Freethought plays in Peoria, thanks to FFRF donors

11ingersollAn illustrious Illinois freethinker is being restored to his pedestal.

The Freedom From Religion Foundation is delighted to announce that, with the help of 238 generous donors from 43 states plus Puerto Rico, it has raised the money to refurbish a historic statue in Peoria to America’s most famous “infidel,” Robert Green Ingersoll. Private donations have paid all the costs to renovate the 1911 statue that is owned by the city of Peoria.

Thanks to the successful fundraiser that FFRF organized, the statue has been restored a year ahead of schedule. The project cost about $27,000. The Peoria Park District will hold the dedication in Glen Oak Park, Peoria, Ill., on Ingersoll’s birthday, Aug. 11, at 10:30 a.m. The plaque on the new base will cite Ingersoll’s famous lines:

“Happiness is the only good. The time to be happy is now. The place to be happy is here. The way to be happy is to make others so.”

FFRF is sponsoring its own dinner party for Ingersoll friends and aficionados in Peoria the night before. Speakers will include descendants Jeff Ingersoll, who directs the Robert Green Ingersoll Memorial Committee, and R.E. (“Elliott”) Ingersoll, a professor of counseling psychology and faculty member at Cleveland State University who has been featured on TED Talks and is a musician. He’ll provide the entertainment, along with FFRF Co-President Dan Barker, who has put to music several memorable Ingersoll poems and orations.

Also briefly speaking will be Center for Inquiry’s Tom Flynn, FFRF Co-President Annie Laurie Gaylor and Margaret Downey, with the Memorial Committee. Attendees include Ingersoll enthusiasts as far away as Florida. Learn more or sign up here

Ingersoll, a Civil War colonel and attorney who served as Illinois’ attorney general, was thrust into national fame in the political field, then as an eloquent orator and fearless freethought advocate. In an era without sound amplification, Ingersoll could attract crowds as large as 10,000 and commanded major speaking fees. Friend to four presidents, he was a rising political star, until he began lecturing as a nonbeliever. Once asked how much his significant library cost, Ingersoll replied that it probably had cost him the presidency. He has been dubbed Peoria’s “most famous citizen.”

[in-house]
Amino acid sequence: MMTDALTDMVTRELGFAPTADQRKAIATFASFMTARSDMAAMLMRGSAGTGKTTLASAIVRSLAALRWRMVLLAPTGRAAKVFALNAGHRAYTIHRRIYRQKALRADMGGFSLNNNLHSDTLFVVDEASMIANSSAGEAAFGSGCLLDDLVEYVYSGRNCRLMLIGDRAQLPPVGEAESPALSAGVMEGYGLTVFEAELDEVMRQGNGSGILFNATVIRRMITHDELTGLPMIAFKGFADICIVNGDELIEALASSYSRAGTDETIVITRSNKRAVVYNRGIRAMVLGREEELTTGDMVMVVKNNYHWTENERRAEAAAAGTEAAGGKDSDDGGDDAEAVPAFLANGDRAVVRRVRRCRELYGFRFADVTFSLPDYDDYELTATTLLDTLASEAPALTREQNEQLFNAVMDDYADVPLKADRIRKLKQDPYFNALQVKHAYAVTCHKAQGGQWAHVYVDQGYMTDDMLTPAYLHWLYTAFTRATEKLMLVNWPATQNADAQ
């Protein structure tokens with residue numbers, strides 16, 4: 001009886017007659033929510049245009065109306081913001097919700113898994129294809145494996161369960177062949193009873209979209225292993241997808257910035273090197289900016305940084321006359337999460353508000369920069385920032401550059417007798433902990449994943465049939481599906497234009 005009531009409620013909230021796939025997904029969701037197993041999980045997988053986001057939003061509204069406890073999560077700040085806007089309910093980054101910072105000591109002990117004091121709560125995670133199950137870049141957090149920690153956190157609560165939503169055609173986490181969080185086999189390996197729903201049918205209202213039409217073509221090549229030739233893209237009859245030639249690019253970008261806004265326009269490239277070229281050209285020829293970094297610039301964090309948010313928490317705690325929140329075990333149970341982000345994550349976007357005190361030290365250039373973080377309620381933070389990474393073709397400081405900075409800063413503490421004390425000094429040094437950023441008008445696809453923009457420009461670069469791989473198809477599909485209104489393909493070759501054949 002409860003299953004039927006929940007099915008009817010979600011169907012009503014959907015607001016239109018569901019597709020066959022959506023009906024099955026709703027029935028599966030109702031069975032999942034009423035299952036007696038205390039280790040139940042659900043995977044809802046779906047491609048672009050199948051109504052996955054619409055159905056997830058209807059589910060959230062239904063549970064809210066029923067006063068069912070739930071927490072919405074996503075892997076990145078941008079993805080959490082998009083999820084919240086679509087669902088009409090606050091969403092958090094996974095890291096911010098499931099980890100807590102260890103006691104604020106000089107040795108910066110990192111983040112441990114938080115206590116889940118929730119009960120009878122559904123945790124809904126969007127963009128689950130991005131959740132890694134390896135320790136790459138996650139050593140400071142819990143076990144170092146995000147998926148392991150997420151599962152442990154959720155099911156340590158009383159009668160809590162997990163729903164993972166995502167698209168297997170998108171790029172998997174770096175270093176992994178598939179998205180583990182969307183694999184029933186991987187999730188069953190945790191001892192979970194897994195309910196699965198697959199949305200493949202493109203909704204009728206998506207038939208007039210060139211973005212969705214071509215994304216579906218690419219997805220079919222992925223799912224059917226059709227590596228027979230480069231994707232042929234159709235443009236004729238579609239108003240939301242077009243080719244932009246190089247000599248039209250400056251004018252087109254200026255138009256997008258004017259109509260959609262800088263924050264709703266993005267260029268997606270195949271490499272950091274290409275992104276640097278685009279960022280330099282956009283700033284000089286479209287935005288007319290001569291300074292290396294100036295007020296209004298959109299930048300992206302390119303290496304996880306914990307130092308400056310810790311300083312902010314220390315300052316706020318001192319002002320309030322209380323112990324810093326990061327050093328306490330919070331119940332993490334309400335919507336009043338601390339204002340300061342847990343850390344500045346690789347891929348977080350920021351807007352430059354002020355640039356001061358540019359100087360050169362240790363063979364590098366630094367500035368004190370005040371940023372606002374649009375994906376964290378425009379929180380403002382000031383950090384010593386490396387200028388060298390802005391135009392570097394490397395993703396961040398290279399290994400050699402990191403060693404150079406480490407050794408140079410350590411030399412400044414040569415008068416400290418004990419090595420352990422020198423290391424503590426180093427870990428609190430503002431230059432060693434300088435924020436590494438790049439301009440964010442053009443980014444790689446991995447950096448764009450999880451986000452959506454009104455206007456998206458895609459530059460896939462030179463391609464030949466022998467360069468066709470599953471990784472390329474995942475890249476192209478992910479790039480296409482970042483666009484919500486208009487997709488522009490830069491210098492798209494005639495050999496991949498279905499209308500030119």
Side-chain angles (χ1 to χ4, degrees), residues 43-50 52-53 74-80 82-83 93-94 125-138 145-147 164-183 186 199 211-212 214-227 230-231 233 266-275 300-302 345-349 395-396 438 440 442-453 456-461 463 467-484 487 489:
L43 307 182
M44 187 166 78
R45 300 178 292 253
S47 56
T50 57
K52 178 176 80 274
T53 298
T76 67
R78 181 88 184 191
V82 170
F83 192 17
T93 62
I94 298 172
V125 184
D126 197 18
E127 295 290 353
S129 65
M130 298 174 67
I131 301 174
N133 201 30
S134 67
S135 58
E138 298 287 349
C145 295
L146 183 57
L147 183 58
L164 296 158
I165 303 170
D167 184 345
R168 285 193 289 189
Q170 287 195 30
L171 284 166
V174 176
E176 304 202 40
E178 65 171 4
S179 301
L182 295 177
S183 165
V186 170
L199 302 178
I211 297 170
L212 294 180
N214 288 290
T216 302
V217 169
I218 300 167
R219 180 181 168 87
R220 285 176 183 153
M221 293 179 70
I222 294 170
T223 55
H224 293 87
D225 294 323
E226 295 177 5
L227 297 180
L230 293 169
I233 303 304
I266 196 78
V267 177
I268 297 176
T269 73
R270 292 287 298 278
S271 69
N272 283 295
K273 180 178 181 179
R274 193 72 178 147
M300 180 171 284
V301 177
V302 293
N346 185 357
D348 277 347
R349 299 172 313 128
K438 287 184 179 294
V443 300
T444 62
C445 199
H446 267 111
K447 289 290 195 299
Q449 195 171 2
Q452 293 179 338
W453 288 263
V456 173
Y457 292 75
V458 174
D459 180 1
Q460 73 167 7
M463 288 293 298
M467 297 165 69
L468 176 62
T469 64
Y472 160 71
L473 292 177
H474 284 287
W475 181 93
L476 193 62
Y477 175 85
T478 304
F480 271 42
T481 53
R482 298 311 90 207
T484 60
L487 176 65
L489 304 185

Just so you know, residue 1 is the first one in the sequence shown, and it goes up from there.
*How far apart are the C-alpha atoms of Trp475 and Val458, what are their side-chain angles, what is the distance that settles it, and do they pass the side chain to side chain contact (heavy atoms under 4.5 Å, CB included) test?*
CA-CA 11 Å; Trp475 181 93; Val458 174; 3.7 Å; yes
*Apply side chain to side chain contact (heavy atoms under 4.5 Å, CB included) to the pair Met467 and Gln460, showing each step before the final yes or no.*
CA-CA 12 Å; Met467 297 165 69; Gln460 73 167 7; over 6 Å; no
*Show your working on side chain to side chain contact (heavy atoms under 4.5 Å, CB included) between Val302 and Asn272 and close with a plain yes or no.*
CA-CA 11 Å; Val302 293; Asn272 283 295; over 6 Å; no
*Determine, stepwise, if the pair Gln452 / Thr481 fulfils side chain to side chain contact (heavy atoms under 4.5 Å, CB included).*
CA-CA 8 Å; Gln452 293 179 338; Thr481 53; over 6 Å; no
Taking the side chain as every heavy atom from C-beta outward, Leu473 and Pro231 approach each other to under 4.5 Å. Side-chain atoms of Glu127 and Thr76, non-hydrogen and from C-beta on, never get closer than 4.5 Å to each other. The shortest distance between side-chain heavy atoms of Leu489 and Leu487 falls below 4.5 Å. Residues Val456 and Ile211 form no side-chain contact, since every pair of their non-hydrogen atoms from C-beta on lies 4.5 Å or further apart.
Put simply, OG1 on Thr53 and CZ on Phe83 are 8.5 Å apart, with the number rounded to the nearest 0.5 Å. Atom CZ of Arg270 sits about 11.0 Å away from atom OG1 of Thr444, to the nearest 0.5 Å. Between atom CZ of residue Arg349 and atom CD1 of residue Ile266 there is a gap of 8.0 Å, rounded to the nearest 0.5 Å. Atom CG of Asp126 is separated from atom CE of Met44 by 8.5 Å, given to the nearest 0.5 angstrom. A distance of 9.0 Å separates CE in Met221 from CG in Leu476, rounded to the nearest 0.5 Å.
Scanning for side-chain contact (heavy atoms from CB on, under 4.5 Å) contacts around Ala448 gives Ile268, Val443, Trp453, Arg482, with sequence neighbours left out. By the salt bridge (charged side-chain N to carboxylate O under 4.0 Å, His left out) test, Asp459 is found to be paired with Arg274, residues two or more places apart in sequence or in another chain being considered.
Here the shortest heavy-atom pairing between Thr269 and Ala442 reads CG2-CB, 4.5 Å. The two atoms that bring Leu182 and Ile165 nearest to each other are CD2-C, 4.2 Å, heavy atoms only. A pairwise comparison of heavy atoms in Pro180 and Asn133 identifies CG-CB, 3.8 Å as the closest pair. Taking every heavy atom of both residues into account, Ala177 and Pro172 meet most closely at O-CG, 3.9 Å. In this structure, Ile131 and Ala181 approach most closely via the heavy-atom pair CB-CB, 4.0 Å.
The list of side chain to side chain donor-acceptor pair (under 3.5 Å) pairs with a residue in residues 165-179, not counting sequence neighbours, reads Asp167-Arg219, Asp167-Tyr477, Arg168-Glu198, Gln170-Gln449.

Ingersoll was born in Dresden, N.Y., in 1833, and launched his career in Peoria, where he met his wife, Eva, whom he praised as “a woman without superstition.” A celebrated family man, he and Eva had two daughters. Eventually, Ingersoll moved to Washington, D.C., New York City and a mansion in upstate New York. Many biographies memorialize Ingersoll, including Professor Orvin Larson’s work, “American Infidel,” reprinted by FFRF

The original dedication of the 1911 statue by Italian sculptor Fritz Triebel was attended by 6,000 individuals, including Ingersoll’s widow, daughters and grandchildren, and was covered by The New York Times. Donors from all states had contributed.

“We do hope to ‘seed’ more statues to Ingersoll in the cities he lived in,” says FFRF’s Gaylor.

FFRF thanks all of the donors, including 16 who contributed $1,000 and whose names will appear on the new base of the statue. It is also grateful to Peoria Humanist Society’s Ken Hofbauer, who brought the statue’s condition to the city and FFRF’s attention, Jeff Ingersoll of the Memorial Committee who helped fundraise and work with the Peoria Park District, and Zenos Frudakis, a sculptor who helped arrange the foundry work at Laran Bronze, Philadelphia.

View flyer showing condition of statue prior to restoration.

Freedom From Religion Foundation

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